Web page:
US5683131 *Sep 5, 1996Nov 4, 1997The Crosby Group, Inc.Web sling coupler
US6019407 *Jan 25, 1999Feb 1, 2000The Crosby Group, Inc.Synthetic web fitting
US6152664 *Jan 20, 1999Nov 28, 2000Dew; Robert W.Cargo restraining apparatus
US6390523 *Mar 9, 2001May 21, 2002Elephant Chain Block Co., Ltd.Belt hoist
US6711786 *Jun 13, 2002Mar 30, 2004Spanset Inter AgRatcheted lashing strap assembly
US9004232 *Oct 12, 2010Apr 14, 2015Inventio AgSuspension-means end-fastener with fixing element
US20080078069 *Sep 20, 2007Apr 3, 2008Pontaoe John SStrap adjusting assembly
US20110139551 *Oct 12, 2010Jun 16, 2011Adrian AttingerSuspension-means end-fastener with fixing element
US20150113710 *Oct 24, 2013Apr 30, 2015Bell Sports, Inc.Self-Actuating Webbing Adjuster and Helmet Strap System Including Same
USD738255 *May 5, 2014Sep 8, 2015Aba Hörtnagl GmbhBuckle
CN101448423BMay 15, 2007Nov 3, 2010发展有限责任公司Fastening clip device
EP0330547A1 *Feb 15, 1989Aug 30, 1989Jean-Philippe Gabriel Charles ChapalainSling strap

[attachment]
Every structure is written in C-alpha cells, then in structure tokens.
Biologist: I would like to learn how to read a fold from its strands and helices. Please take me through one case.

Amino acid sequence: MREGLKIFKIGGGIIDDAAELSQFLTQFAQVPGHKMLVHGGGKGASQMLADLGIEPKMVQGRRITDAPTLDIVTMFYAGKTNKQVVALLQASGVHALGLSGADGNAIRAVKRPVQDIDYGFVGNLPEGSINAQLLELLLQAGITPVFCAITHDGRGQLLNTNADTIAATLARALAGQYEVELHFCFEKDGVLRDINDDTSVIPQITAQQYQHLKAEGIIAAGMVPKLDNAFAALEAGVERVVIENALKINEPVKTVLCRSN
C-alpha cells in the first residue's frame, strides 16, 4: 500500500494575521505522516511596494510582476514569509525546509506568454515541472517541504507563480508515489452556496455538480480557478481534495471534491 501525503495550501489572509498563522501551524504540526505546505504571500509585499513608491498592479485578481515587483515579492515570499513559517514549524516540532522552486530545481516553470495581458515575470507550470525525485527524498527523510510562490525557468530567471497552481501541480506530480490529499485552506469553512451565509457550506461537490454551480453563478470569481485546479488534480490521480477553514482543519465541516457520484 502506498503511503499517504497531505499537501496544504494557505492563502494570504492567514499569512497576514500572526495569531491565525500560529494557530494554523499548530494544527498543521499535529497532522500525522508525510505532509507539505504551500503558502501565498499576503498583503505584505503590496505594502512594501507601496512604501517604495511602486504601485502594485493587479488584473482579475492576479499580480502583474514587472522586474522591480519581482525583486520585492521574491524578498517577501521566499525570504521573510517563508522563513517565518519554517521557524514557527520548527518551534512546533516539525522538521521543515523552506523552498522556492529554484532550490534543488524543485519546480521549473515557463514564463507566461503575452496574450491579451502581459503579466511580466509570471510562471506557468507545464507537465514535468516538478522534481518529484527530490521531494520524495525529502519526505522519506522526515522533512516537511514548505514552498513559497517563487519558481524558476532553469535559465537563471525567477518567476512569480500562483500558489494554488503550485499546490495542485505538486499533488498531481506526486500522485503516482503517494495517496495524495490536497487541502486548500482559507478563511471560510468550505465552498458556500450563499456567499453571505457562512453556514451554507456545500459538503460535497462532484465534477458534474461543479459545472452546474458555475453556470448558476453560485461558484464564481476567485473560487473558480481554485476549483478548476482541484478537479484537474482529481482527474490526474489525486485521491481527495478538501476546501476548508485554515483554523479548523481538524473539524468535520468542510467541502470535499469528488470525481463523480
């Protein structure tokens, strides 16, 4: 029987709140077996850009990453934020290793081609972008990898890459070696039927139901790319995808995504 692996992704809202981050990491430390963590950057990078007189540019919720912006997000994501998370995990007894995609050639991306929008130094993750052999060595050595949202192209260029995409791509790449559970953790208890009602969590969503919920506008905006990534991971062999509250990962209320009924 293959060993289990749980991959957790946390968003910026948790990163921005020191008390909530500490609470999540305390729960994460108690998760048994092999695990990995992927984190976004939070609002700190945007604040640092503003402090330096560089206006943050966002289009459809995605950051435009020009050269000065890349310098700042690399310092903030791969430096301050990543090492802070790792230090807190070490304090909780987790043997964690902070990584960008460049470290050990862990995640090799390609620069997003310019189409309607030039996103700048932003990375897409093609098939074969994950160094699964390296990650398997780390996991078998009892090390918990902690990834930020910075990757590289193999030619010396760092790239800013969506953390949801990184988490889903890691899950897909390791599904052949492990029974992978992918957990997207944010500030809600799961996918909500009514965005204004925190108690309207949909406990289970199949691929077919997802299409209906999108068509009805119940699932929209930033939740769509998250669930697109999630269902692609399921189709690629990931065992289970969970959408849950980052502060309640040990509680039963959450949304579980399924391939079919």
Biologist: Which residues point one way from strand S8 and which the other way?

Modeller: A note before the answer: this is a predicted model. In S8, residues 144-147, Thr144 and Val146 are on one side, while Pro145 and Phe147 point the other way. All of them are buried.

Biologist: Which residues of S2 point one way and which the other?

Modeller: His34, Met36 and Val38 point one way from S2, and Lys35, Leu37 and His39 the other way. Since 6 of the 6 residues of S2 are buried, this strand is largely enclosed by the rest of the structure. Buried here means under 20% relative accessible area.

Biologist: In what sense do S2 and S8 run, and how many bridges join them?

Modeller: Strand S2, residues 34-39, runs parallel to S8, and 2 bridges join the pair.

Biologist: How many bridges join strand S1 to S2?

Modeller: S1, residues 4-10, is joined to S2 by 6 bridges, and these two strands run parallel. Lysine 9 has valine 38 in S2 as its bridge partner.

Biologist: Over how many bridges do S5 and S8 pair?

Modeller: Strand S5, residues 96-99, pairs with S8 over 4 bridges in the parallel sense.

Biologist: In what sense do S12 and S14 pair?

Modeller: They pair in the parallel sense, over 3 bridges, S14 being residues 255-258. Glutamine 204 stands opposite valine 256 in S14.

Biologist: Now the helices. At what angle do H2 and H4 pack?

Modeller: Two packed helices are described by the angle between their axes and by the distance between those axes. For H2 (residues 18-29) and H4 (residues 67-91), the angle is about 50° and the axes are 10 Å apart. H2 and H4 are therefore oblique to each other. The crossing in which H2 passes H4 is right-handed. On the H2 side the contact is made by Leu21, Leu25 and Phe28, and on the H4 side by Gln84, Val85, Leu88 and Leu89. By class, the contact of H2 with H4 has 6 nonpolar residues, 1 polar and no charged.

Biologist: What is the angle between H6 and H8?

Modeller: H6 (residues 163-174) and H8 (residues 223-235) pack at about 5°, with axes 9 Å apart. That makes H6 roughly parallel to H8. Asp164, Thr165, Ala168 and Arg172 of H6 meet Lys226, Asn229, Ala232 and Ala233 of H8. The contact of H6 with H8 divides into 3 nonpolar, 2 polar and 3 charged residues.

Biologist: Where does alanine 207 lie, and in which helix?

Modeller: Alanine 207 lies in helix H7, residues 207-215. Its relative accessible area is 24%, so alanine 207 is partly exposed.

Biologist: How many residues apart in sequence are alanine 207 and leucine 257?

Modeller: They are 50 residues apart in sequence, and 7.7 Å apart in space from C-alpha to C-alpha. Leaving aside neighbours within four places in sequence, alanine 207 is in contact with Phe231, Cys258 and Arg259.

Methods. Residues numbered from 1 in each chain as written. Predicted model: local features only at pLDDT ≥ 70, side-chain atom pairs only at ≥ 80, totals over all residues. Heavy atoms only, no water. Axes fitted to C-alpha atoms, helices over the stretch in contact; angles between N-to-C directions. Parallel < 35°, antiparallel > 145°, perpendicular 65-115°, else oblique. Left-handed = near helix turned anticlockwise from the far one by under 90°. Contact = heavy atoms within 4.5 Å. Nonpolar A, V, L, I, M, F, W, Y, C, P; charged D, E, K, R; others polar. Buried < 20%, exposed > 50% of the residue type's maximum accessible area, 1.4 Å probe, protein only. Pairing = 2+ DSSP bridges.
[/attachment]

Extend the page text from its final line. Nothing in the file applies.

EP2261162A1 *Jun 10, 2009Dec 15, 2010Inventio AGHolder end connection for a lift array
WO2005090207A1 *Mar 24, 2005Sep 29, 2005Leslie John SpicerAdjustable lifting handles
Classifications
U.S. Classification24/197, 24/200, 24/68.00E, 24/196, 24/193
International ClassificationA44B11/04, B66C1/18
Cooperative ClassificationB66C1/18, Y10T24/4086, Y10T24/4093, Y10T24/4084, Y10T24/2192, A44B11/04, Y10T24/4077
European ClassificationA44B11/04, B66C1/18
Legal Events
DateCodeEventDescription
Mar 28, 1983ASAssignment
Owner name: CROSBY GROUP, INC. THE; TULSA, OK. A CORP OF MN.
Free format text: ASSIGNMENT OF ASSIGNORS INTEREST.;ASSIGNOR:CROOK, EDWARD J. JR.;REEL/FRAME:004112/0228
Effective date: 19830323
Oct 3, 1985ASAssignment
Owner name: CIBA-GEIGY AG, KLYBECKSTRASSE 141, 4002 BASLE, SWI
Free format text: ASSIGNMENT OF ASSIGNORS INTEREST.;ASSIGNOR:FORTE, EDDY;REEL/FRAME:004465/0029
Effective date: 19841220
Jan 25, 1988FPAYFee payment
Year of fee payment: 4
Oct 30, 1991ASAssignment
Owner name: CONTINENTAL BANK N.A.
Free format text: SECURITY INTEREST;ASSIGNOR:CROSBY GROUP, INC., THE A CORP. OF MN;REEL/FRAME:005891/0876
Effective date: 19911023
Owner name: CONTINENTAL BANK N.A.
Free format text: SECURITY INTEREST;ASSIGNOR:CROSBY GROUP, THE A CORP. OF MN;REEL/FRAME:005891/0858
Effective date: 19911023
Aug 25, 1992REMIMaintenance fee reminder mailed
Jan 17, 1993LAPSLapse for failure to pay maintenance fees
Mar 30, 1993FPExpired due to failure to pay maintenance fee
Effective date: 19930117
Nov 15, 1994ASAssignment
Owner name: CROSBY GROUP, INC., THE, OKLAHOMA
Free format text: RELEASE BY SECURED PARTY;ASSIGNOR:BANK OF AMERICA ILLINOIS, SUCCESSOR TO CONTINENTAL BANK, N.A. (ASAGENT);REEL/FRAME:007197/0742
Effective date: 19940929